Posts tagged ‘Economic growth’


Why China Needs Such Rapid GDP Growth: More Jobs – Businessweek

As China frets about meeting its target of about 7.5 percent growth in 2014, it’s time for more stimulus. The State Council, China’s cabinet, announced plans this week to further expand railways across the country, renovate dilapidated urban housing, and provide new tax breaks for small businesses. Many analysts are expecting a return to looser credit policies this year as well.

But what China considers unacceptable levels of gross domestic product growth would be the envy of most other countries. So why do China’s leaders demand such rapid rates of economic expansion?

A clue to that is found in Premier Li Keqiang’s recent work report, China’s version of a state of the union speech. Creating enough jobs—mentioned 11 times in the document released on March 5—is what drives Chinese officials’ obsession with fast-rising GDP.

China needs high levels of growth—at least 7 percent, says Li—to ensure enough jobs for 7.2 million college grads and 10 million people flooding cities from the countryside every year. China’s leaders have set a target of producing at least 10 million jobs this year, and a record-high 13.1 million urban jobs were added last year. “Employment is the basis of people’s well-being,” Li said in the work report. “We will steadfastly implement the strategy of giving top priority to employment.”

The trouble is, new stimulus mainly means more investment-driven expansion, which already accounts for about half of the economy. That’s problematic given industrial overcapacity and soaring debt levels held by local governments and companies. And while it indeed boosts the headline GDP number, it doesn’t always create lots of jobs. Heavy industries such as steel, aluminum, and real estate construction, which have rapidly expanded particularly in the years following China’s 2009 stimulus, tend to be capital-intensive rather than labor-intensive.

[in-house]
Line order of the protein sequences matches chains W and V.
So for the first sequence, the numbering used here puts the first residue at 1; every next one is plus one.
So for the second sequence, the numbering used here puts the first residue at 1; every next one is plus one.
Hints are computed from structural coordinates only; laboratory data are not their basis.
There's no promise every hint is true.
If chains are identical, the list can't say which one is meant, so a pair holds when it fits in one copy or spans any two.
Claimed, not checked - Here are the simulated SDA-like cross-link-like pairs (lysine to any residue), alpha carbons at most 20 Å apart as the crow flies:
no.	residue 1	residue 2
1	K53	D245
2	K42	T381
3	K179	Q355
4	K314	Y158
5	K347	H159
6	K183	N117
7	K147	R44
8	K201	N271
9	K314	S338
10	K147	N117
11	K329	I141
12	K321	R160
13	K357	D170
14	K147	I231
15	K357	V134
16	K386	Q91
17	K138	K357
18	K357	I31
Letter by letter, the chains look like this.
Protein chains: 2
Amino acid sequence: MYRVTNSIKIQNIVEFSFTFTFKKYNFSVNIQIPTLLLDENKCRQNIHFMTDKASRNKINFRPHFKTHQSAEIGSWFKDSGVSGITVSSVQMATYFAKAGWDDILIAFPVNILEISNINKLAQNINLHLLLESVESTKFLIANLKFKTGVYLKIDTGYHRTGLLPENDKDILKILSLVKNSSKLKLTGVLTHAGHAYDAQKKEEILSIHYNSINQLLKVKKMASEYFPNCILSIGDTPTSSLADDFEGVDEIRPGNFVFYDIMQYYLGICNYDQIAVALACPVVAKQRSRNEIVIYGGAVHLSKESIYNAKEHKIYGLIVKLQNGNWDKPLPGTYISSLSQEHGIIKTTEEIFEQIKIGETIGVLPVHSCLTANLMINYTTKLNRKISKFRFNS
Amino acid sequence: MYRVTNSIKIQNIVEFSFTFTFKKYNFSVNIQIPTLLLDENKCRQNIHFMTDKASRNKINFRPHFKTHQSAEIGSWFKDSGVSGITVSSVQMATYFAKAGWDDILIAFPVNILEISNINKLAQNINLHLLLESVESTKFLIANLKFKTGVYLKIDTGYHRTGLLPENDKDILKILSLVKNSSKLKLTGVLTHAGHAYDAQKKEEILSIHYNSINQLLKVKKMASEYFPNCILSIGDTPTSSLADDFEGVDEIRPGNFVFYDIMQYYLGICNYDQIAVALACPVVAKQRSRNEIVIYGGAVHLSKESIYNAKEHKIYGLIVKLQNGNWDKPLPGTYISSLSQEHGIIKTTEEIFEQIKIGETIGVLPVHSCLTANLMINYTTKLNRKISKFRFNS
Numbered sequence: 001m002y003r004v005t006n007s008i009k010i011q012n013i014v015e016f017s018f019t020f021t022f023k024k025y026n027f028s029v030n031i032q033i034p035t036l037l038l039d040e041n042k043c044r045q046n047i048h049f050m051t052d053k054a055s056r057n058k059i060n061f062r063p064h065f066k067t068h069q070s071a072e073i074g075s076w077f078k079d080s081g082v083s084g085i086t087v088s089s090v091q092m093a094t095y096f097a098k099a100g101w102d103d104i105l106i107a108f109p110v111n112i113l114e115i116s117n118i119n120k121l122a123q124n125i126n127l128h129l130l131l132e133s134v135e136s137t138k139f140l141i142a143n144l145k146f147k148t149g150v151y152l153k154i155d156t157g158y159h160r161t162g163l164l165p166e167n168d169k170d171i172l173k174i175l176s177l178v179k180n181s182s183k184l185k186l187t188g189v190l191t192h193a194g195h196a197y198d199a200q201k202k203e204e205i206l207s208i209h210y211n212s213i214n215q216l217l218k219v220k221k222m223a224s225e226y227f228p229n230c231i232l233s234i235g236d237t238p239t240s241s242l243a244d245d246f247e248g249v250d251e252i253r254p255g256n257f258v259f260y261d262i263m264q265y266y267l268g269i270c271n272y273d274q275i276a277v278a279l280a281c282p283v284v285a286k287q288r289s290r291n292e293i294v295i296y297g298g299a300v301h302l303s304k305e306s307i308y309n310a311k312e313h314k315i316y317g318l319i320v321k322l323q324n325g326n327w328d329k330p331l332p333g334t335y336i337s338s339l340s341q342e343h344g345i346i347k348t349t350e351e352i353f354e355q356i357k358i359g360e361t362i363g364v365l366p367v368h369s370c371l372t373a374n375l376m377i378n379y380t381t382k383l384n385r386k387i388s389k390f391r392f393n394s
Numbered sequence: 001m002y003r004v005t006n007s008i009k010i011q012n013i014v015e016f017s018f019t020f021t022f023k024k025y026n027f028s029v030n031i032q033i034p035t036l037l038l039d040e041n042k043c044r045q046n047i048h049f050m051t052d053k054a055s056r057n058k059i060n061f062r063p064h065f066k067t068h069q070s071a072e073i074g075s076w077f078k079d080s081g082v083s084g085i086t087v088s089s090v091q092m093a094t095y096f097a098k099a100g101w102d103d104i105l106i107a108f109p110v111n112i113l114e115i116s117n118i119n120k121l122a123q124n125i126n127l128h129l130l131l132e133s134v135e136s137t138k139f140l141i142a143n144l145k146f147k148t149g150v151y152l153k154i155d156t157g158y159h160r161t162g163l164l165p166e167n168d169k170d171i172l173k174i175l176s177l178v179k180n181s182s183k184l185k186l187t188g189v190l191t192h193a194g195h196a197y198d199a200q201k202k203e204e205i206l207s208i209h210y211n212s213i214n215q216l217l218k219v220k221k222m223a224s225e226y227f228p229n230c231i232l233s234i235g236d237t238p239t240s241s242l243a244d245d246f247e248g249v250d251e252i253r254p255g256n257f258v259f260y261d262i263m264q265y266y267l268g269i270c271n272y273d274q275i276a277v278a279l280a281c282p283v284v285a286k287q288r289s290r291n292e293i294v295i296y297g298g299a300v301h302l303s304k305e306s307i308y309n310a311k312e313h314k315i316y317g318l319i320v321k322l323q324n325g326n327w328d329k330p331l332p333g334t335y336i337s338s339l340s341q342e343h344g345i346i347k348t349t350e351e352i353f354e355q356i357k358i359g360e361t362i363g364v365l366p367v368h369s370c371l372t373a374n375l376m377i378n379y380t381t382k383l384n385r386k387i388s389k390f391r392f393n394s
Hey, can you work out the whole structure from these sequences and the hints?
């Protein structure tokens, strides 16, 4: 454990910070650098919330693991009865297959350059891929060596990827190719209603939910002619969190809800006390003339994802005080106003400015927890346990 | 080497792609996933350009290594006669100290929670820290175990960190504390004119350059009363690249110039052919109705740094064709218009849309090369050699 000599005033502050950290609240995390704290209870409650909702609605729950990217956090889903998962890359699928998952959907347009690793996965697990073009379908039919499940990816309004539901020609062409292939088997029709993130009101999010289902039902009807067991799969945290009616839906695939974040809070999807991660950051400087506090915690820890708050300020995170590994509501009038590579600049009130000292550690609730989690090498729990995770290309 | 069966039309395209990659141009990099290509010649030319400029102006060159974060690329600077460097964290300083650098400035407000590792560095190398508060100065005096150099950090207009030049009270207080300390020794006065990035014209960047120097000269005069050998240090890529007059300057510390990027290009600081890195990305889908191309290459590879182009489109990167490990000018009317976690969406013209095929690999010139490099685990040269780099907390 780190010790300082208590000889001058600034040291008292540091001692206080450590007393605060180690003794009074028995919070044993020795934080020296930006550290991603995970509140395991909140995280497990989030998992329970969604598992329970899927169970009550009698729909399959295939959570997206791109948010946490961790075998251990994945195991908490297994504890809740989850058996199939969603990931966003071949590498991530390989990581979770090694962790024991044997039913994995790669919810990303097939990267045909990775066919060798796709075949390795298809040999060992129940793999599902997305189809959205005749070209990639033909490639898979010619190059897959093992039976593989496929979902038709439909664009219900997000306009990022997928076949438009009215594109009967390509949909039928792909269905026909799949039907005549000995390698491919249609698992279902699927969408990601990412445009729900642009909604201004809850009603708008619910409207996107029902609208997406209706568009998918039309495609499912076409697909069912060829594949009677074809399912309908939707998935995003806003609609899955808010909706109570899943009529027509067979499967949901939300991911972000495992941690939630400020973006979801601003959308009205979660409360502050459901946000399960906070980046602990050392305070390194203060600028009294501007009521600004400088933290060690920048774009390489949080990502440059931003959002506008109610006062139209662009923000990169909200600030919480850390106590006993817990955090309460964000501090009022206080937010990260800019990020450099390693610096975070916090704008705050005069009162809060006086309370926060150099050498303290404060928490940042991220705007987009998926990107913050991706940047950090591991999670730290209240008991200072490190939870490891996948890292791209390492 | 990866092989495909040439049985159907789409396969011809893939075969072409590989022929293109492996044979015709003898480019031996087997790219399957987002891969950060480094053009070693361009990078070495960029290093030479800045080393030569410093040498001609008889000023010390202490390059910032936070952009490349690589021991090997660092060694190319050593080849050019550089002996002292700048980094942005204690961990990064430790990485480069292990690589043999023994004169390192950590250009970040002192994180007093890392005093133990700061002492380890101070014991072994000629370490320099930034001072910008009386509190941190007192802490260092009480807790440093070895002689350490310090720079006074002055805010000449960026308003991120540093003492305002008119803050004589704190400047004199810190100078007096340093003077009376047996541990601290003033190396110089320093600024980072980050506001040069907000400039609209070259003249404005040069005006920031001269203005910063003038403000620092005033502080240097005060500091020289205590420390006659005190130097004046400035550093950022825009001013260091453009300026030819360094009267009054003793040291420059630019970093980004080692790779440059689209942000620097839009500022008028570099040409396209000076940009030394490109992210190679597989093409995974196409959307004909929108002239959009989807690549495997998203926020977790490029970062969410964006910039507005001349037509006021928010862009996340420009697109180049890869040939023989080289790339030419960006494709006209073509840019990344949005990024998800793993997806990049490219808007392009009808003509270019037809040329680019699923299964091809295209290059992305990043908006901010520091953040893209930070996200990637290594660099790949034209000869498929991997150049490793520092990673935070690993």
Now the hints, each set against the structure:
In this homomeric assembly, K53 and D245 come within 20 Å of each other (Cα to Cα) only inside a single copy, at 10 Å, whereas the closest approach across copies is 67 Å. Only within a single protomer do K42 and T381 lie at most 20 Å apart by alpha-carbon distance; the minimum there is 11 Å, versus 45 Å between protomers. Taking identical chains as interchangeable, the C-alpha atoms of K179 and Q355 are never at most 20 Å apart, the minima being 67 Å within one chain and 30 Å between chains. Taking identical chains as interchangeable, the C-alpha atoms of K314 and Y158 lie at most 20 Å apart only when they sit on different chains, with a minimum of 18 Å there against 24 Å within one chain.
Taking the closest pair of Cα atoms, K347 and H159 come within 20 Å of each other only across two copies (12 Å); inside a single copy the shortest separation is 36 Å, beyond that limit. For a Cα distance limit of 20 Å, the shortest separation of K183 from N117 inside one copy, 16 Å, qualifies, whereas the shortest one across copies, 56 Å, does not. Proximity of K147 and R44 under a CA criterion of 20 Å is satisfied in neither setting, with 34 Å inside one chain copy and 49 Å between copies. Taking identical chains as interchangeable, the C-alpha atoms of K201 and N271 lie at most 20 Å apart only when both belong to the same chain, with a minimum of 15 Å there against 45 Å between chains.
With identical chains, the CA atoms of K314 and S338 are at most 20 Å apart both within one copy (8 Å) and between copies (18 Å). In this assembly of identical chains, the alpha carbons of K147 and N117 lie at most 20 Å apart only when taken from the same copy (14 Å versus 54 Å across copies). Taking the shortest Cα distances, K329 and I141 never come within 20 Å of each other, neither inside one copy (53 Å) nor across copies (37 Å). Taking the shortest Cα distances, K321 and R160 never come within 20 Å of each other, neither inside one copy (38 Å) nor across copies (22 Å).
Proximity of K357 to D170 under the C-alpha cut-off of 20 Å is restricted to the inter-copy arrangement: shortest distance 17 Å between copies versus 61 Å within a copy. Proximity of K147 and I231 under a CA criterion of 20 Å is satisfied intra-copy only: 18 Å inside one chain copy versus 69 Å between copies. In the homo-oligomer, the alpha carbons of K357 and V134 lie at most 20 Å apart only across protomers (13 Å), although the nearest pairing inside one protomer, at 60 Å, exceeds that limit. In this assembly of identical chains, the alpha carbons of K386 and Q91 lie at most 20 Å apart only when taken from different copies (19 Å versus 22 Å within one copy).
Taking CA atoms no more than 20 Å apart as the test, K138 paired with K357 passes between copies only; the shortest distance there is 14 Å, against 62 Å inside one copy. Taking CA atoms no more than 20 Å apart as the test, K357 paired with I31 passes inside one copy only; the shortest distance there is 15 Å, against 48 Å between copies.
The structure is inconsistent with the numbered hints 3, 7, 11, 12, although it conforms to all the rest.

The country has struggled in recent years to substantially boost the portion of its economy driven by consumption and the job-creating service sector. The plan to cut taxes may provide some support toward that goal. Unfortunately, more train tracks and urban housing may instead set China back.

via Why China Needs Such Rapid GDP Growth: More Jobs – Businessweek.

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* China signals focus on reforms and leaner, cleaner growth | Reuters

China sent its strongest signal yet that its days of chasing breakneck economic growth were over, promising to wage a “war” on pollution and reduce the pace of investment to a decade-low as it pursues more sustainable expansion.

An attendant serves tea for China's President Xi Jinping during the opening session of the National People's Congress (NPC) at the Great Hall of the People in Beijing, March 5, 2014. REUTERS-Jason Lee

In a State of the Union style address to an annual parliament meeting that began on Wednesday, Premier Li Keqiang said China aimed to expand its economy by 7.5 percent this year, the highest among the world’s major powers, although he stressed that growth would not get in the way of reforms.

In carefully crafted language that suggested Beijing had thought hard about leaving the forecast unchanged from last year, Li said the world’s second-largest economy will pursue reforms stretching from finance to the environment, even as it seeks to create jobs and wealth.

After 30 years of red-hot double-digit growth that has lifted millions out of poverty but also polluted the country’s air and water and saddled the nation with ominous debt levels, China wants to change tack and rebalance its economy.